“Found oil in intake” sounds like they found the problem but failed to fix it…There should not be any “oil in intake”…Did you buy this car new?

No, I bought it off a three year lease. It is no longer under warranty.

I have to log off…please, as many helpful comments as possible and I’ll check back later.

I’m unfamiliar with this vehicle. Is it turbocharged? If so, perhaps the seal in the turbocharger is leaking and allowing oil into the air instream.

no, it is not turbocharged.

At this stage I would conclude that the car has had insuffucient oil changes and the resultant premature engine wear is starting to make itself known.

Synthetic oil does not really allow for longer drain intervals, especially with the few miles you drive. Since you have oil in the intake, the crankcase pressure must be pushing this oil out. That can be from too much blowby, indicating excessive engine wear cuased by the previous leasing owner, who problably little or no maintenance.

Somebody has to test this engine and tell you the truth. If you have worn valve guide seals and compression blowby due to worn rings, the repair bill may be very high. Most owners at this stage would just keep and eye on the oil and keep driving.

Who told you that 10,000 miles on synthetic oil is the correct change interval?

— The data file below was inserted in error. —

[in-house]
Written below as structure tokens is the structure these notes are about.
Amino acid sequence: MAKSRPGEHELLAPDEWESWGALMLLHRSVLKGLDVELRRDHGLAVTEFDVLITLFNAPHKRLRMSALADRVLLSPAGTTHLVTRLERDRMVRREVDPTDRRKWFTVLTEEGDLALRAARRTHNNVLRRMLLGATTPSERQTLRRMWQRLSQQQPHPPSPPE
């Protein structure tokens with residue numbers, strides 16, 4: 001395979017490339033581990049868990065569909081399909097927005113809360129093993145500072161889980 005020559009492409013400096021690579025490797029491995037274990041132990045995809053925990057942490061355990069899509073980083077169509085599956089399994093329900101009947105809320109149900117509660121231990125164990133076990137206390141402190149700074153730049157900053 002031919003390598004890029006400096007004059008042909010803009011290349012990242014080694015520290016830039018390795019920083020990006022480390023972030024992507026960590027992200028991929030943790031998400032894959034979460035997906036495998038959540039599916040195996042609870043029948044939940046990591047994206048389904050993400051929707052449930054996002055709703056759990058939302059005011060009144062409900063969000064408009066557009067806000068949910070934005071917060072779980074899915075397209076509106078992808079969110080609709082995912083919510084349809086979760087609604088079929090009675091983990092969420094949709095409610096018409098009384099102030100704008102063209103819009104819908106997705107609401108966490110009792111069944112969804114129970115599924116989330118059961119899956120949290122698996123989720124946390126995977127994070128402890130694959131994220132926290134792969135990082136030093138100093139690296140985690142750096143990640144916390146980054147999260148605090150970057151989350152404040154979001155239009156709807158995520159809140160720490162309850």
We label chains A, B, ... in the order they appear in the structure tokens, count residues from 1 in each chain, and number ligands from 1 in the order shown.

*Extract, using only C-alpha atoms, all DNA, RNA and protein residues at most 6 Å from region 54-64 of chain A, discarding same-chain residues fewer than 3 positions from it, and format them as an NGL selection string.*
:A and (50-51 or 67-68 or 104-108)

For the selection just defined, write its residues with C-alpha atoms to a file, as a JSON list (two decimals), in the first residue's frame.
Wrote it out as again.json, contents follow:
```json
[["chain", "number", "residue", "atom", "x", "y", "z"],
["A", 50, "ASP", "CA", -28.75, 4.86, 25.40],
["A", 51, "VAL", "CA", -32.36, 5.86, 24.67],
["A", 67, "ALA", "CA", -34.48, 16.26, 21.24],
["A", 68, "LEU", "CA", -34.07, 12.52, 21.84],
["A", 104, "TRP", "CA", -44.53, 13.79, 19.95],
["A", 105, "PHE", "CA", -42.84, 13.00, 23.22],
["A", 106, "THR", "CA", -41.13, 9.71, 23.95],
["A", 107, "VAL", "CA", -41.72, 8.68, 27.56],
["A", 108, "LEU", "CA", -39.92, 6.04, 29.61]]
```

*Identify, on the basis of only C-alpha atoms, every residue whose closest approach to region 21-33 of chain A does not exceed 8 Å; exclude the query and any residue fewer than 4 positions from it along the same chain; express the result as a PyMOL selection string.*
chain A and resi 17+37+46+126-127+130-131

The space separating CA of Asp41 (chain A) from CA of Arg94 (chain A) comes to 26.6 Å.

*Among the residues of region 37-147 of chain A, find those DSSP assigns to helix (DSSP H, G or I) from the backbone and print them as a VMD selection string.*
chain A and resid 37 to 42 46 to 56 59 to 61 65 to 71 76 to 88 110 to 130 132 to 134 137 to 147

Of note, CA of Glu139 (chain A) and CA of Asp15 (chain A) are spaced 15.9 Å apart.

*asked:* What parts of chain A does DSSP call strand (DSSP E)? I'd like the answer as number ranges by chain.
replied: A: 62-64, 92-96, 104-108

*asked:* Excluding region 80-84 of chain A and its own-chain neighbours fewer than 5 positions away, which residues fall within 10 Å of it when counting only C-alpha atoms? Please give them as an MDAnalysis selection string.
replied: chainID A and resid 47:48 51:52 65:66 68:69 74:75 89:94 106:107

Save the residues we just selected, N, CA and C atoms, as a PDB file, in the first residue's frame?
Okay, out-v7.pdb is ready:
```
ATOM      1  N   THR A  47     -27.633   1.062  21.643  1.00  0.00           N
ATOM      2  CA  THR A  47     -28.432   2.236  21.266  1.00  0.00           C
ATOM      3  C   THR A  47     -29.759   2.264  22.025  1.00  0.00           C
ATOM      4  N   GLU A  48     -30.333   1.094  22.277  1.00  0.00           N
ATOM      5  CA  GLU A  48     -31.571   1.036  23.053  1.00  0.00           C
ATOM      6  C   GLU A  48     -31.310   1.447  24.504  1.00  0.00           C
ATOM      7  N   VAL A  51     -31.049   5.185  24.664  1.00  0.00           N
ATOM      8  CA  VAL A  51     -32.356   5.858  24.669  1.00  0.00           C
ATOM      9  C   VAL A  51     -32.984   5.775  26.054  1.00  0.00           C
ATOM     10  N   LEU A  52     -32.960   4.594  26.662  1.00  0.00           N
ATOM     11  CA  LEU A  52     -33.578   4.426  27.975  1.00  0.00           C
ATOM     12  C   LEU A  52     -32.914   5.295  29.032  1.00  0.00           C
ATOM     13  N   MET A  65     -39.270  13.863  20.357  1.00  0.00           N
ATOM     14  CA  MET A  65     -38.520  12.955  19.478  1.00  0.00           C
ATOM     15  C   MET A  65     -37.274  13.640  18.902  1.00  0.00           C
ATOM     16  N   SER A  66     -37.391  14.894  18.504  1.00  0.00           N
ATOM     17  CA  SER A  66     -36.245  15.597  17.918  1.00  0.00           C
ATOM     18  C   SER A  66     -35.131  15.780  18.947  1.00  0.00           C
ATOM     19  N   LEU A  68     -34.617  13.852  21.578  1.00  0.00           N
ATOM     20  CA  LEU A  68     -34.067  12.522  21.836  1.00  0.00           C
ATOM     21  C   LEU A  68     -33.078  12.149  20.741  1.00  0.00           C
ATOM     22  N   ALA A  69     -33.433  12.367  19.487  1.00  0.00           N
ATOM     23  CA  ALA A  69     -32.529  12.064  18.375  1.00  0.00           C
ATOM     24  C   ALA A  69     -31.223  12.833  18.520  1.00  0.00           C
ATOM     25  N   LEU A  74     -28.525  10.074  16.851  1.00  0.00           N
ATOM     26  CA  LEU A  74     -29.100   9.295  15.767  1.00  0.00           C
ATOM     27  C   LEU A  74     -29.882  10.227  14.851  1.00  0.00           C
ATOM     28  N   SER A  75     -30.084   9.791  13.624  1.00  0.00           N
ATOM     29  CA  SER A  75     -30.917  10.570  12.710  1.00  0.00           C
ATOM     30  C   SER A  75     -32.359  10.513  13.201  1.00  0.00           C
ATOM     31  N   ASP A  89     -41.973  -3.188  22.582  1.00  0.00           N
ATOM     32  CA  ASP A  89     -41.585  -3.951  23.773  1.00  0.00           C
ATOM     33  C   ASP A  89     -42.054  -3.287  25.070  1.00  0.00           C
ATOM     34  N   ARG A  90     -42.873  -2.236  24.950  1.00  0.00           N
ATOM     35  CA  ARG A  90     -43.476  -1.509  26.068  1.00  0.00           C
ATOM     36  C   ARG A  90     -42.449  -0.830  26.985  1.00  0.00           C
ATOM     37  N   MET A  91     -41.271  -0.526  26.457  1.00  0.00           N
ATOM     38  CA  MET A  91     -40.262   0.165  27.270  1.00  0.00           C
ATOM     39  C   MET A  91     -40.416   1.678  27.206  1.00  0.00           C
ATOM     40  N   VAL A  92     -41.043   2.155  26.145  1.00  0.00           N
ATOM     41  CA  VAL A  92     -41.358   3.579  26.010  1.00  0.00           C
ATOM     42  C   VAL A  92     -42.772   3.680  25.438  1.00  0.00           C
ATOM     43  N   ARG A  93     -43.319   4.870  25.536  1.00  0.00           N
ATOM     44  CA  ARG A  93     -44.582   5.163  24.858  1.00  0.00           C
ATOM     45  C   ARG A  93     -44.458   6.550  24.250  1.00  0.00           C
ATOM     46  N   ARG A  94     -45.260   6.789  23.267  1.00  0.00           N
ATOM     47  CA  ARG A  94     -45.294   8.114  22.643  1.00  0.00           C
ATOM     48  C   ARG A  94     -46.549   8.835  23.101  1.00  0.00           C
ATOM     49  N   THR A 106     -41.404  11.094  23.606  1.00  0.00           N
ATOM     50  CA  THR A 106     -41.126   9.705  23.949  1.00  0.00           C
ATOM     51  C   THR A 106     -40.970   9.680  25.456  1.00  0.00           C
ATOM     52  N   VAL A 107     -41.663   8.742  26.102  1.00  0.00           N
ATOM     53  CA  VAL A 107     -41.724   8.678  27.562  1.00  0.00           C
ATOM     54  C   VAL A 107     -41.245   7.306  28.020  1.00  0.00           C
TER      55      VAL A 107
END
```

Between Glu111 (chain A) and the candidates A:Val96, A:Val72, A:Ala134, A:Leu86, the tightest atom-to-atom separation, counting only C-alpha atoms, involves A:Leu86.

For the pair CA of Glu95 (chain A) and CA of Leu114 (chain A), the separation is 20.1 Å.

In response to your question of Who told the OP that 10k miles on synthetic oil is the correct change interval:

BMW does.

On the BMW X3, there is a computer system that records the conditions that the vehicle is driven, and determines when the oil needs to be changed. As the oil quality deteriorates, there are a series of lights on the dash that indicate the condition of the oil on startup. A series of green, yellow, and red dots under Oil Change Interval.

Here are two manuals for you to read, straight from BMW:


Owners Manual:

It says this quite clearly:

“Time intervals should be followed using the maintenance interval as indicated by the BMW Service Interval Indicator lights on the check control panel in the dashboard.”

And since this car came with the Free Maintenance program when it was bought new, there is a paragraph that says this quite clearly:

“Any authorized BMW SAV center in the United States or Puerto Rico will perform the scheduled or additional maintenance services on your vehicle at no expense to you. The maintenance schedule intervals are based on normal driving conditions and operation.